Ferrari’s New Roma Grand Tourer Is a Modern Throwback
The coupé pays tribute to the carefree, pleasurable way of life that characterised the Italian capital during the ‘50s and ‘60s.
Ferrari may be firmly focused on the future, but that doesn’t mean it won’t indulge in the occasional moment of nostalgia. Witness the automaker’s just-unveiled two seat-plus coupé, the Roma, a gorgeous tribute to the La Dolce Vita.
On Wednesday night, the Prancing Horse debuted its record fifth new model of the year during a glamorous event inspired by the 1960 Federico Fellini film at Rome’s Foro Italico. The new grand tourer’s design is an elegant throwback to the carefree era that characterised life in the Italian capital from the ’50s to the ‘60s. Yet the vehicle’s technology and performance are decidedly modern.
The coupé’s sleek lines and subtle curves call to mind several cars from the brand’s past—from the 250GT Berlinetta Lusso to the 812 Superfast—while still managing to look contemporary. In a release, Ferrari said it wanted the car’s aesthetic to evoke a “contemporary representation of the carefree, pleasurable way of life that characterised Rome” during the era. To that end, the design is highlighted by a beautifully sculpted nose, a striking grille, adaptive LED headlights and razor-thin tail lights.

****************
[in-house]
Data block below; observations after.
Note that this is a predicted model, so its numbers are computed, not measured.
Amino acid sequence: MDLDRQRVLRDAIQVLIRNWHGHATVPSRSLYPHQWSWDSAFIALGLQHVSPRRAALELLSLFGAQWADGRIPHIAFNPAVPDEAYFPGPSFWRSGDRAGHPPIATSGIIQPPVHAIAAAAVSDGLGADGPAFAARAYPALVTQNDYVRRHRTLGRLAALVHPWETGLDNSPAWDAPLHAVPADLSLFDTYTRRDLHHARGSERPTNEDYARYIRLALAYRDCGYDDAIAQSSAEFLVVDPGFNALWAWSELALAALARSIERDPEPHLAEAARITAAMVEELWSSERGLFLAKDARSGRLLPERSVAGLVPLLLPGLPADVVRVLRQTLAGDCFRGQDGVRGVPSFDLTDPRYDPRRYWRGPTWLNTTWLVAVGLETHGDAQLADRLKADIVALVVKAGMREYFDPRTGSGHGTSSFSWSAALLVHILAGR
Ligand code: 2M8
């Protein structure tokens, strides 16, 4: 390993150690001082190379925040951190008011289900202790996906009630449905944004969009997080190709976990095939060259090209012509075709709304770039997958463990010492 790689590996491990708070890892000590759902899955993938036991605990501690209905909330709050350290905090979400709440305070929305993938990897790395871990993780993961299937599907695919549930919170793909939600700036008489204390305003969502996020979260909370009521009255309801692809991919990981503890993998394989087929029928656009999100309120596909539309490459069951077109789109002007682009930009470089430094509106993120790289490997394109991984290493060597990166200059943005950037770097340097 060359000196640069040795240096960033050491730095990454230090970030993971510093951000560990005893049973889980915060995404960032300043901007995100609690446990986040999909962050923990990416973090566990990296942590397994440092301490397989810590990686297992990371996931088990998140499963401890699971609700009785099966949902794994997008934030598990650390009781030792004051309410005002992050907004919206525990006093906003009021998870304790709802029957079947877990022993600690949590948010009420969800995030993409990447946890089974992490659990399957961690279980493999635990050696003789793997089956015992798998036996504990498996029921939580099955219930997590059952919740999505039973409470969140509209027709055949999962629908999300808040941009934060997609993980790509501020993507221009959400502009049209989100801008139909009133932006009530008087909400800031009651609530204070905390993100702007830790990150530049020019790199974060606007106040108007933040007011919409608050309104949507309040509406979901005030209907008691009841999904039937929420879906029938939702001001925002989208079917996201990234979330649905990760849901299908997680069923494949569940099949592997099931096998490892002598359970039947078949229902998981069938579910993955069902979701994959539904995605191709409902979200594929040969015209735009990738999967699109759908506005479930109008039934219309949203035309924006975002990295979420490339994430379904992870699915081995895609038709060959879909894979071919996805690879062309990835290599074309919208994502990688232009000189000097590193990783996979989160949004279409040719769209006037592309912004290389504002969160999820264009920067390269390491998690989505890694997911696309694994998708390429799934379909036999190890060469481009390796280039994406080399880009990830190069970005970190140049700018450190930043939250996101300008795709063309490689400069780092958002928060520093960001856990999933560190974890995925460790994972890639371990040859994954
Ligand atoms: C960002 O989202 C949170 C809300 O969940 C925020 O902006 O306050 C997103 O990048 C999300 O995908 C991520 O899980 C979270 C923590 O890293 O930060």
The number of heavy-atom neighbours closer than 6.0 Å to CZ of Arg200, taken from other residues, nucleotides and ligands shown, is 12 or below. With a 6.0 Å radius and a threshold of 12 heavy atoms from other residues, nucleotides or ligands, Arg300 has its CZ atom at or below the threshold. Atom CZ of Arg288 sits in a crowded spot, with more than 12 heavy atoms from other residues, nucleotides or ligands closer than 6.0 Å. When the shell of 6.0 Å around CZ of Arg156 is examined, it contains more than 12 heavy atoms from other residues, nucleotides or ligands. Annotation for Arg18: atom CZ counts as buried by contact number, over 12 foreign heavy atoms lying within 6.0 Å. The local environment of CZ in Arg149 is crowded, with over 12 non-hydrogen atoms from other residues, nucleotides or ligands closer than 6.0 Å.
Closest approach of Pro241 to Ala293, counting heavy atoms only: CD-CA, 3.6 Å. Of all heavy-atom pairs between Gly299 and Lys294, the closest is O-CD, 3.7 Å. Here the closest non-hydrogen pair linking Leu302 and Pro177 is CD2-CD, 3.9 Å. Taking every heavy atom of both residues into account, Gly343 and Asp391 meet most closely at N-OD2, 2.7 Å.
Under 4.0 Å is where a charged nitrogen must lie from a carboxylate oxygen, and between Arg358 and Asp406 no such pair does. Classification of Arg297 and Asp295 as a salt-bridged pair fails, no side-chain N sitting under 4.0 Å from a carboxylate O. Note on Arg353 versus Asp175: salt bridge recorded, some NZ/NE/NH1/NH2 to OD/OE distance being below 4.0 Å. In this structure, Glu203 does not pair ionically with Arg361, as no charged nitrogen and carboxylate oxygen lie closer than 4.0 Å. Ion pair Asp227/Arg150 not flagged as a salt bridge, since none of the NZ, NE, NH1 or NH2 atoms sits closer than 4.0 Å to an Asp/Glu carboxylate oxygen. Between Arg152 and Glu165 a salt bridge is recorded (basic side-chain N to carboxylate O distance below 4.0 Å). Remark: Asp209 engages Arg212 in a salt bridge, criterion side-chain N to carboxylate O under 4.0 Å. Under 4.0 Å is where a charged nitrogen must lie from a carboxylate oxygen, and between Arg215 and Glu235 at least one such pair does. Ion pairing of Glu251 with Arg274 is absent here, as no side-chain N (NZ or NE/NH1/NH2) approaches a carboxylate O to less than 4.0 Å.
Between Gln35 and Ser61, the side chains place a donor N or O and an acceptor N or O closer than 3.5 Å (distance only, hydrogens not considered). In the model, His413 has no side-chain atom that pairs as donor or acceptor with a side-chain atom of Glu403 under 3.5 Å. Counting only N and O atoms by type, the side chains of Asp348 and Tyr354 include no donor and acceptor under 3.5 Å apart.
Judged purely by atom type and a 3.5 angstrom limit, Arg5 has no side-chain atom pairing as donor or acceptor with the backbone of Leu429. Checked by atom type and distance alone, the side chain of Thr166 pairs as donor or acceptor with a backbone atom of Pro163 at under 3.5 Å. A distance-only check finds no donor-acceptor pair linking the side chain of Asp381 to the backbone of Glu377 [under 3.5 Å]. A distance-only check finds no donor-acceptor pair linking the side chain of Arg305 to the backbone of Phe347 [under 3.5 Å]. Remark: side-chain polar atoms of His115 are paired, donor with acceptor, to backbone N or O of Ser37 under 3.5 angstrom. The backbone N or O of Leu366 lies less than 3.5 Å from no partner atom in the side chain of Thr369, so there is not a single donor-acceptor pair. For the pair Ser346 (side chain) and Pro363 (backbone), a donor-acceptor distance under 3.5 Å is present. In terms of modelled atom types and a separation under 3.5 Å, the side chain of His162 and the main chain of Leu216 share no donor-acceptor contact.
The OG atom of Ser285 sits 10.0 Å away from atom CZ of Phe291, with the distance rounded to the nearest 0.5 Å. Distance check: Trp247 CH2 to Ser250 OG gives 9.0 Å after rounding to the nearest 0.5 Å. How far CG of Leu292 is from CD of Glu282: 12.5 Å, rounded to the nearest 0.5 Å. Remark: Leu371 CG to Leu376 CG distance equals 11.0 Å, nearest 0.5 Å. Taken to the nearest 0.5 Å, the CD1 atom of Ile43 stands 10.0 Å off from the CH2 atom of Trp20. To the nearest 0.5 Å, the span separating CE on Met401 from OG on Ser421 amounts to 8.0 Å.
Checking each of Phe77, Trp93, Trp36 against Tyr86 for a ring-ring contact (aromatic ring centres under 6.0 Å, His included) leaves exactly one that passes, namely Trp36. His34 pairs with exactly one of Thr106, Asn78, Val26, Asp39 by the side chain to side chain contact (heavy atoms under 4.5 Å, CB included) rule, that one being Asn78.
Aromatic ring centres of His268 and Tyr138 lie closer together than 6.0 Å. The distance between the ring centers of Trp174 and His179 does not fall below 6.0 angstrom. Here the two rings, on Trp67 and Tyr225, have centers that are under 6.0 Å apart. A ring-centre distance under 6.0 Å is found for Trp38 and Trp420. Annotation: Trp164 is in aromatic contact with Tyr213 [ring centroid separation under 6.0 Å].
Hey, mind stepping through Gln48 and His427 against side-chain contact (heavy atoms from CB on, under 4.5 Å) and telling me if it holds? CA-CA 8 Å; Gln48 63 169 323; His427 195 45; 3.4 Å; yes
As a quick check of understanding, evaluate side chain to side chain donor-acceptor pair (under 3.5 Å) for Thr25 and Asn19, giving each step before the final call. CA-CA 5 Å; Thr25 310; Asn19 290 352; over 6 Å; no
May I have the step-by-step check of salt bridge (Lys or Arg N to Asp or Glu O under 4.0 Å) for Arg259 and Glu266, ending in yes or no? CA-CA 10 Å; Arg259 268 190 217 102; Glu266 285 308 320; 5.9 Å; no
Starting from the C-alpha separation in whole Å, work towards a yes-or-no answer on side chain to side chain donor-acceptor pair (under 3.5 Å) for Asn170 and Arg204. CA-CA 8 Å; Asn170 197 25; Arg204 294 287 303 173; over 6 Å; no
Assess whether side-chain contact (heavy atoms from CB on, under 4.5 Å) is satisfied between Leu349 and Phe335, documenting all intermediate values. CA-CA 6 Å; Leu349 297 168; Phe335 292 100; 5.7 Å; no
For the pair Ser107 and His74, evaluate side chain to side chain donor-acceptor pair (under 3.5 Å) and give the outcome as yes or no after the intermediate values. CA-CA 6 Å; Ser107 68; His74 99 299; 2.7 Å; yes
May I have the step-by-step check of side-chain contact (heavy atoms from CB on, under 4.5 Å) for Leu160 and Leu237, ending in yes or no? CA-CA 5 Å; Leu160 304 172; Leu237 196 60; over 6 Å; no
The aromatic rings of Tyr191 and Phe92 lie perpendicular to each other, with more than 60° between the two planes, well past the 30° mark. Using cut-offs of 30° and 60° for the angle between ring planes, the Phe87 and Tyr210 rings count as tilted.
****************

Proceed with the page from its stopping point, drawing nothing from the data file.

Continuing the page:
But the Ferrari legend isn’t just built on beautiful design. The mid-front engine coupé is powered by the company’s award-winning turbocharged 3.9-litre V8 mated to the same eight-speed, dual-clutch transmission that debuted in the SF90 Stradale. The beefy powerhouse produces 456kW and 760Nm torque, pushing the car from 0-to-100km/h in just 3.4 seconds and a top speed of more than 320km/h.
Inside, the car offers the kind of technology you’d expect from a Ferrari in 2019: Side Slip Control 6.0, a five-position steering-wheel-mounted switch and a rear windscreen with built-in mobile spoiler.
Release dates and pricing information weren’t made available, but it sounds like Ferrari has high hopes for the coupé. Currently, GTs make up about a third of the company’s business, but the financial news service reports that Ferrari expects that figure to rise to 40 per cent by 2022.
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